The centers of the concentric circles preferably coincide with the center of the shaft.
An object is to provide a shaft with a relatively high modulus of elasticity to density ratio.
A further object of the invention is the provision of a shaft what will eliminate the need for mid-support bearings in advanced aircraft or high speed rotating machinery.
Other objects, advantages, and novel features of the present invention will become apparent from the following detailed description of the invention when considered in conjunction with the accompanying drawings.
FIGS. 1 and 2 show in cross-section a bundled preform of the invention;
FIGS. 3, 4 and 5 show enlarged cross-sections of the preform at various stages of the process of deformation; and
FIG. 6 shows a cross-section of an enlarged completed hollow shaft in accordance with the invention.
The composite shaft of the invention as shown in FIGS. 5 and 6 includes a plurality of beryllium reinforcements and a matrix of titanium or aluminum 3. The reinforcements 1 of the completed shaft shown in FIGS. 5 and 6 have an arcuate ribbon-shape congruent with the contour of the shaft. The ribbons may form a plurality of concentric cylinders surrounding the central rod or core. The shaft of FIG. 5 includes a central rod or center section 7 which may be beryllium. In an additional embodiment, the shaft of FIG. 6 includes a hollow core or center section. The shaft of the invention may be made by a number of processes, however one process in particular will be described herein.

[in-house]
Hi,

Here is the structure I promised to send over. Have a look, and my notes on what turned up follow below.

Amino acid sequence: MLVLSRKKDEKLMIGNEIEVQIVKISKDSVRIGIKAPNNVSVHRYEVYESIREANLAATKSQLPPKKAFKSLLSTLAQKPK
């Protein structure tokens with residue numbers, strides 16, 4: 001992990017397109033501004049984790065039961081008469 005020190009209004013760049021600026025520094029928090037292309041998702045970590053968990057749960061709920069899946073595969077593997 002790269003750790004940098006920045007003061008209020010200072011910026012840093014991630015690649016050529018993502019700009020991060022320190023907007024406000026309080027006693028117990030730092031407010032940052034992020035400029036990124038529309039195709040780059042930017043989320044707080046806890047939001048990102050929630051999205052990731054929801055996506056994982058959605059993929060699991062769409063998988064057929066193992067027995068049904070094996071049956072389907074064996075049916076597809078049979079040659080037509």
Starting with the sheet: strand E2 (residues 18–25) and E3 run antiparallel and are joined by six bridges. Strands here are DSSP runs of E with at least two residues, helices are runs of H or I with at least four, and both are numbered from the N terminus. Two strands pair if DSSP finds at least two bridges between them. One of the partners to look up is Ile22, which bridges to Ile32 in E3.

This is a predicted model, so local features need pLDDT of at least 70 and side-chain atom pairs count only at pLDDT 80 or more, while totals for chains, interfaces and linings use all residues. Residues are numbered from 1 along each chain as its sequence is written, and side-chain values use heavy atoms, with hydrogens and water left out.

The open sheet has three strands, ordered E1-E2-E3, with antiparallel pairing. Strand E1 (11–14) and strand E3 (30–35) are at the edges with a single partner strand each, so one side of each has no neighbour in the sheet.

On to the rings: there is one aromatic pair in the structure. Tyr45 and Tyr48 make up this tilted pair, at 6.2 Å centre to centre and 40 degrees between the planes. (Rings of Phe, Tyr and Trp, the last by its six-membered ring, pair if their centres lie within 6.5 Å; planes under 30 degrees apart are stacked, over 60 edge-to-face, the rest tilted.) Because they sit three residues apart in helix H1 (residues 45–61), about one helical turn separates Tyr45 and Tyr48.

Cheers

The first step in the process involves the production of beryllium rods having a diameter of 1/8 inch or greater either by extrusion, drawing, swagging, rolling or machining from blocks. The beryllium rods 1 are then clad with aluminum or titanium 3. The cladding may be accomplished by many methods, such as slipping the rods into tubing, stuffing the rods into powder or into a block full of evenly spaced holes, wrapping sheet or foil around the beryllium, vapor depositing or electroplating.
The next step is to bundle the clad beryllium rods into a configuration similar to FIG. 1. Another method of placement of the beryllium is to accurately drill holes 4 into an aluminum or titanium block 5 as shown in FIG. 2. The volume fraction of the beryllium reinforcement is controlled by the thickness of the cladding as shown in FIG. 1 or by the spacing of the drilled holes as shown in FIG. 2. The preform for solid shafting should utilize a beryllium center section 7 for minimum weight. The preform for hollow shafting can have a hollow center or a solid center of a material which can be leached out later in the manufacturing process. In the embodiments of FIGS. 1 and 2, the axes of the beryllium rods 1 define a plurality of concentric cylinders surrounding the center rod 7.
After the bundle has been formed it is heated to a temperature for consolidation of the preform. Particularly in the case of an aluminum matrix, most of the deformation will occur in the aluminum, unless hydrostatic pressures are maintained. Cladding the preform in a steel can will provide this hydrostatic pressure. The steel can 9 will also prove useful, since it will prevent galling between the titanium and the steel die (not shown).